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Manual Phased Array Ultrasound as a Complement to Radiographic Inspections

Manual Phased Array Ultrasound as a Complement to Radiographic InspectionsManual Phased Array Ultrasound as a Complement to Radiographic Inspections


Many codes allow for the substitute of one method of stated nondestructive testing NDT for another as long as certain requirements are met. A popular trend in recent years is the complete replacement of radiographic testing with ultrasonic methods. Although this offers huge benefits in many cases it is not always practical in all cases because of time investment, training, procedures, end user approvals, investment in new equipment, personnel requirements, and other considerations. This is often done as a permanent complement that fits the environment or as short term cooperation between methods while the complete switch to Phased Array is being implemented.


Even when a complete technique replacement may not be feasible there are many possible scenarios where radiography can be left as the final acceptance method and manual phased array ultrasound can still be applied to increase quality and efficiency of process. The smaller compact, less expensive and more user friendly phased array instruments now available make this an even more valid addition to a radiographic inspection process.

Areas Where Phased Array is Typically Employed in a Radiographic Process

  • Buildup of thick welds in between passes
    • Allows for verification that initial weld build up is defect free before adding more material without moving the component to an area for radiographic test or clearing the area. This is especially valuable when using costly base and filler materials, clads, and in very thick pressure vessel manufacturing.
  • Verification of defect type and extent suspected from radiographic film
    • Phased array views and image processing ability offer additional tools for defect characterization especially with difficult-to-interpret defects.
  • Verification of geometric features and inspection of valves and other tie-ins where radiographic film placement is difficult and subject to errors.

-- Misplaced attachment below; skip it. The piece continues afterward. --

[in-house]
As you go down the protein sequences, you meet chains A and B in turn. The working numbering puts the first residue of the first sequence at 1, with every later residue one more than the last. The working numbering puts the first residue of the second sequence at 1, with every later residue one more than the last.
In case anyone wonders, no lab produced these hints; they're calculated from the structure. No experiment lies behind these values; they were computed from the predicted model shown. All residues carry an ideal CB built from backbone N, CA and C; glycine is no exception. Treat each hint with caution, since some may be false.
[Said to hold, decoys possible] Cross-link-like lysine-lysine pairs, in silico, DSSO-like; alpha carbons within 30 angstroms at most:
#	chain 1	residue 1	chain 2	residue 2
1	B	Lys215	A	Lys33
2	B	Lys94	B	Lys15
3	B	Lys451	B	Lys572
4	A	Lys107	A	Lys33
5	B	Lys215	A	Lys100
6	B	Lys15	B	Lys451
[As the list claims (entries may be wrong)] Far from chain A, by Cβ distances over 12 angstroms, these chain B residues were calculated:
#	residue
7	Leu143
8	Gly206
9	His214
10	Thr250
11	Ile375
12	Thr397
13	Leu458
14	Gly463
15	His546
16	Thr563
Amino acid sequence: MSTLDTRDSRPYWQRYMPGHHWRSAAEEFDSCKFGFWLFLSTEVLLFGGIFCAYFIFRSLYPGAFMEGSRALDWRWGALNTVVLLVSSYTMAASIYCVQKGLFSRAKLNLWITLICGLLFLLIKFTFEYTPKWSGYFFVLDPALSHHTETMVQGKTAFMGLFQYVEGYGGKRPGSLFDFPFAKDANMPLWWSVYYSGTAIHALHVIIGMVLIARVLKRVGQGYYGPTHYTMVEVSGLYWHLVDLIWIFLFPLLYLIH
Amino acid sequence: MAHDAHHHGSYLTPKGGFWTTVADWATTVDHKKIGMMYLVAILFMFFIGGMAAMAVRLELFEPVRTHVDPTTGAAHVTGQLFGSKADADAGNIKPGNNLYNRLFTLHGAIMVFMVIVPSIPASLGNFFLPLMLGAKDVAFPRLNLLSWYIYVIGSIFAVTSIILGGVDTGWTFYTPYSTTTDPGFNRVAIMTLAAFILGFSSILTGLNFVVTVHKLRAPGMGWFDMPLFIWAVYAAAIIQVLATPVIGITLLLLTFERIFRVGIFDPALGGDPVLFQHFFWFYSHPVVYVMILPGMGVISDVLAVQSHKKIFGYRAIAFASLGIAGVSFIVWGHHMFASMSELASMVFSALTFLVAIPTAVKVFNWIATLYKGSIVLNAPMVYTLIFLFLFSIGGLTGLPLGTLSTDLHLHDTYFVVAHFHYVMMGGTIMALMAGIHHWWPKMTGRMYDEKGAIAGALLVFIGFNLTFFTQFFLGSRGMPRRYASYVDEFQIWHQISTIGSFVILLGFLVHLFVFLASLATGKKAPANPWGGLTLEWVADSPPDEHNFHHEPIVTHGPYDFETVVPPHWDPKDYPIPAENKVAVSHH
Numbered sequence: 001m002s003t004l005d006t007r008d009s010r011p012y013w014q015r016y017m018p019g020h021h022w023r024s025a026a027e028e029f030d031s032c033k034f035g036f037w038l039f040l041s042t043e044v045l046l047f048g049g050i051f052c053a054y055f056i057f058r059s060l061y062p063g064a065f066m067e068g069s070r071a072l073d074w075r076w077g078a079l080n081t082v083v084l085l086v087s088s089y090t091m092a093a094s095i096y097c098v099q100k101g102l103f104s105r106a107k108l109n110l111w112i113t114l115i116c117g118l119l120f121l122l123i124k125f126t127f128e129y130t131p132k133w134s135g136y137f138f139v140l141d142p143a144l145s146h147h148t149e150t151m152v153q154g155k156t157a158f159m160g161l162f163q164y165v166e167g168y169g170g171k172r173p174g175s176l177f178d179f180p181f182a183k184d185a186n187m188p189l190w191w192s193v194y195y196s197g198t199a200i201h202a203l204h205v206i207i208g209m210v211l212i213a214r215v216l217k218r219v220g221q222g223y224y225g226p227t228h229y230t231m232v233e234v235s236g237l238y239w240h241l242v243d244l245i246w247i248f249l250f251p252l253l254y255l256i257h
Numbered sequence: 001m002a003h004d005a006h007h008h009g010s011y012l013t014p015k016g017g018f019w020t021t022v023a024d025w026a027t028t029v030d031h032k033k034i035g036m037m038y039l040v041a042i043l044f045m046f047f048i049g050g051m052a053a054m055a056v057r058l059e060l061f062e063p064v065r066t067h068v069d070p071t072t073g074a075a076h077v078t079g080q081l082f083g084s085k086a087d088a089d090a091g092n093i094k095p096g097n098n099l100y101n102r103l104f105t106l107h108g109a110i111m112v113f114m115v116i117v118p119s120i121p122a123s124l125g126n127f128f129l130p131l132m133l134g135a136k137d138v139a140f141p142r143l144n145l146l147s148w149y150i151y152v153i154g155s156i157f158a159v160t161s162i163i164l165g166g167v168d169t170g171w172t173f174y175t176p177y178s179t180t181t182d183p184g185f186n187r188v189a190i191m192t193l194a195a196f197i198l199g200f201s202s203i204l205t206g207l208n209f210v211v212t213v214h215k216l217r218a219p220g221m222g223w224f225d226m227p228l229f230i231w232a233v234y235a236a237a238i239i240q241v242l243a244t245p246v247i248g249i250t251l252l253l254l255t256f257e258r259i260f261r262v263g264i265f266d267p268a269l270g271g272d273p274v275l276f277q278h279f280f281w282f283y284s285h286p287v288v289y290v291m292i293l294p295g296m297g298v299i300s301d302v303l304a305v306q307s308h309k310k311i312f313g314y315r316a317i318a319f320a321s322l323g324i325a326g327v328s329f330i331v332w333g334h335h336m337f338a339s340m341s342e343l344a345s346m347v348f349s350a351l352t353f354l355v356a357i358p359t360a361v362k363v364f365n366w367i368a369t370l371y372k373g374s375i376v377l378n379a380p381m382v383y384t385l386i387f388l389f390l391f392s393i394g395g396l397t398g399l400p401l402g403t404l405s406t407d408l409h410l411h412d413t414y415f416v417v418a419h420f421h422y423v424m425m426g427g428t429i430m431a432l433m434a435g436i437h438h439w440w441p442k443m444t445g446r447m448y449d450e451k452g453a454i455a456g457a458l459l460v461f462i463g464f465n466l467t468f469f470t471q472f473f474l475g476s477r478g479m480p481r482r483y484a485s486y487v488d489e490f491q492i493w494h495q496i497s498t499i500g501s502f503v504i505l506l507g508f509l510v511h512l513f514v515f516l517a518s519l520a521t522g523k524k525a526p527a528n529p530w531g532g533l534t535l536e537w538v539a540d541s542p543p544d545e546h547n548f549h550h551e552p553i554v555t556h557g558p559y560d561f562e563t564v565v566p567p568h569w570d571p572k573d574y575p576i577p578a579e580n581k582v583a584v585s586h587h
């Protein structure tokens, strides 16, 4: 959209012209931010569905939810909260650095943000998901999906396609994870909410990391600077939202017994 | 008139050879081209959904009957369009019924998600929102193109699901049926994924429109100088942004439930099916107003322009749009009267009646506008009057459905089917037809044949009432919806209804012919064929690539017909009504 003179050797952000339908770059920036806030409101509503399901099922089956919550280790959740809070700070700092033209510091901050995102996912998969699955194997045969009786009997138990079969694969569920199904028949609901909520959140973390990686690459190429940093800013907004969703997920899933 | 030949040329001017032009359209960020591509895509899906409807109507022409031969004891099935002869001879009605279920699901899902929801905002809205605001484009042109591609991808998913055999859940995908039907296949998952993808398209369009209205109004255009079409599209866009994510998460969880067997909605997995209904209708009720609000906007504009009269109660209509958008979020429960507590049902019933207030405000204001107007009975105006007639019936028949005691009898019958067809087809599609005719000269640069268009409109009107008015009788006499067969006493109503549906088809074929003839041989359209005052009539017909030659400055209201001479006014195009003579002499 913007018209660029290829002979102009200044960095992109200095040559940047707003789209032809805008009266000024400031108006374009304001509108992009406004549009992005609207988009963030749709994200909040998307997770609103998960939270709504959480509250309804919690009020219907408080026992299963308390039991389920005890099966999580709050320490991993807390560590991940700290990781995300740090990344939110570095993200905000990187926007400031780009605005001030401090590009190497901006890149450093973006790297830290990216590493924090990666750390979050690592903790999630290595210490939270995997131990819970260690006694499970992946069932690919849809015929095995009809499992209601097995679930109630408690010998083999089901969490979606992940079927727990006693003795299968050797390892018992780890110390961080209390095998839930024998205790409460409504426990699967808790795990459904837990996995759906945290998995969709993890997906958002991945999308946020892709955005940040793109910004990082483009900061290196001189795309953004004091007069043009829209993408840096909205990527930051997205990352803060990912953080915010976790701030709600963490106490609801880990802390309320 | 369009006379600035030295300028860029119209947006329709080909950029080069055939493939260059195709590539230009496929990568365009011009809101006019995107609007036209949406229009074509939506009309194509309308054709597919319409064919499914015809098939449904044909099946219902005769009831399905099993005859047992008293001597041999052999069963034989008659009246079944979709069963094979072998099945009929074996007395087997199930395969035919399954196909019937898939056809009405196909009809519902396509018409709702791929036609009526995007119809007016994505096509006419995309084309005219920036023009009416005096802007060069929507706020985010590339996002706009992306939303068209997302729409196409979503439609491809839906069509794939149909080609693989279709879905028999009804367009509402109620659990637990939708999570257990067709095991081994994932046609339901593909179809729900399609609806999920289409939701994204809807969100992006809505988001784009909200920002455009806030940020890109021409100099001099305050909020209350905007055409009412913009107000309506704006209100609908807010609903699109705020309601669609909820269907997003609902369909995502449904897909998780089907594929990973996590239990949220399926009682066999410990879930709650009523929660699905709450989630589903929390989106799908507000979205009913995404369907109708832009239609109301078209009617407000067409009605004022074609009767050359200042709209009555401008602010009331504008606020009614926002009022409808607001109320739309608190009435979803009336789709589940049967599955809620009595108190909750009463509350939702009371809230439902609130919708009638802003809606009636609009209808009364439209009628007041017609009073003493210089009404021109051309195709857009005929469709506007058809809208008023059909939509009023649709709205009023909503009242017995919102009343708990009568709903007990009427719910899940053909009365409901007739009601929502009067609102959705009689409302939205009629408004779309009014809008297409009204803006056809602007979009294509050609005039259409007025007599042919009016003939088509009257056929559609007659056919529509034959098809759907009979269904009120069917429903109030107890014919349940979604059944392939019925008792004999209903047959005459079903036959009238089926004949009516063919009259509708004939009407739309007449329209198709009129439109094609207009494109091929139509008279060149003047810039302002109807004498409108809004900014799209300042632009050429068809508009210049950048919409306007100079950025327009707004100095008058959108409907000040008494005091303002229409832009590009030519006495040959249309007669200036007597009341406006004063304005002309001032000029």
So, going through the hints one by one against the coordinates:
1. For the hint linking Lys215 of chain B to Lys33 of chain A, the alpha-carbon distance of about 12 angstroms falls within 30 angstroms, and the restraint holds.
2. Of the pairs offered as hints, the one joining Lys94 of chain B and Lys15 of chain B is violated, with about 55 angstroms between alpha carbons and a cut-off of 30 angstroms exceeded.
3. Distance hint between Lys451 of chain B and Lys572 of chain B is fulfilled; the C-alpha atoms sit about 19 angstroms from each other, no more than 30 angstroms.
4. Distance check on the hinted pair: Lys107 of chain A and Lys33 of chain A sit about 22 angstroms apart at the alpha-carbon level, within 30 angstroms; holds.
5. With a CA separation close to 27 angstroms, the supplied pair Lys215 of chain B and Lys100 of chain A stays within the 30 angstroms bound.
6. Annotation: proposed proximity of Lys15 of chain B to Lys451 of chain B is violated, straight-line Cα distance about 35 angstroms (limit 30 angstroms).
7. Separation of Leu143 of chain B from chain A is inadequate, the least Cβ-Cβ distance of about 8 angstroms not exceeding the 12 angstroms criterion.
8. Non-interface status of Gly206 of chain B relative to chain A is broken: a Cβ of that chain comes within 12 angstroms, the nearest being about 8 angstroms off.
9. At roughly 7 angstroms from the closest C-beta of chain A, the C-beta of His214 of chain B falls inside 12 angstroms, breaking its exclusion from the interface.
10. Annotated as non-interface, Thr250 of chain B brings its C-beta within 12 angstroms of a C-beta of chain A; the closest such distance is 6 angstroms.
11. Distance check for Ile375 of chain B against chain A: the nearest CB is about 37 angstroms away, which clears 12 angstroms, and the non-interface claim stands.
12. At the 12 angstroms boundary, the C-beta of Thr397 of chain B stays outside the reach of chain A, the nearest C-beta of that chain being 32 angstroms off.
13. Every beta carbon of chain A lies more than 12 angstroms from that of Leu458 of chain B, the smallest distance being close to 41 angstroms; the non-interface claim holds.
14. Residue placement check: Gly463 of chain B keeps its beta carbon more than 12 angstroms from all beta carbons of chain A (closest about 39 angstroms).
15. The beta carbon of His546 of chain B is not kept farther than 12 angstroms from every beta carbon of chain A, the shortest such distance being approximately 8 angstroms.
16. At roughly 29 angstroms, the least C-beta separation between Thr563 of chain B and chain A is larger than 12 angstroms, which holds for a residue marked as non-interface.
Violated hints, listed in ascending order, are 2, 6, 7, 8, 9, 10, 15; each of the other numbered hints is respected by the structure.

• Verification of repairs made based on radiographic examination
    • Phased array can easily be applied quickly to verify the repair was successful before taking final acceptance radiography after repair. This is very valuable for large components that are difficult to move around.
  • Prove up and height sizing of defects found with radiography
    • Allows instant depth and thru-wall extent without removing component from radiography area.
  • Auditable data saving
    • Manual Sector scans and other image types can be saved so A-scans can be replayed as a permanent volumetric record of discontinuity.

Why Manual Phased Array is a Great Complementary Method

  • Accurate Depth and thru-wall extent sizing.
  • Flexible programming angles for coverage and detection.
  • Imaging including raw A-scan data.
  • Portable and easy to employ in difficult-to-access areas and areas where there is little room to place film.
  • No hazards or chemicals and can be employed without stopping other processes around it or moving parts.
  • Upgradeable to encoded phased array to meet radiographic replacement codes.
  • Same as ultrasonic physics so easy to re-train existing workers.
  • Well established codes, guides and training paths.

Typical Equipment and Inspection Requirements

  • Phased Array Acquisition unit (OmniScan SX or EPOCH 1000i)
  • Phased Array Probe and Wedge chosen by materials that need to be inspected
  • Ultrasonic Couplant
  • Suitable Calibration blocks for material, Sensitivity, TCG and other required calibrations as required


Radiography replacement has become an industry trend and code accepted practice. Modern easier-to-use, less expensive portable phased array equipment and associated software has accelerated this practice in recent years. In some cases an immediate change of method may be difficult, impossible, or take some time to change the practice completely. Recent trends in phased array equipment have increased the use of phased array as a partial replacement or complement the radiographic method with many benefits.

Olympus IMS

The single group, lightweight OmniScan SX features an easy-to-read 8.4 inch (21.3 cm) touch screen and provides cost-effective solutions. The OmniScan SX comes in two models: the SX PA and SX UT. The SX PA is a 16:64PR unit, which, like the UT-only SX UT, is equipped with a conventional UT channel for P/E, P-C or TOFD inspections.
Phased array application-specific probes have a range from 0.5 MHz to 18 MHz and may come with 16, 32, 64, or 128 elements. Special probes may have up to hundreds of elements.
The EPOCH 1000 is an advanced conventional ultrasonic flaw detector that can be upgraded with phased array imaging at an authorized Olympus service center. Key features include: EN12668-1 compliant, 37 digital receiver filter selections, and 6 kHz pulse repetition rate for high speed scanning.
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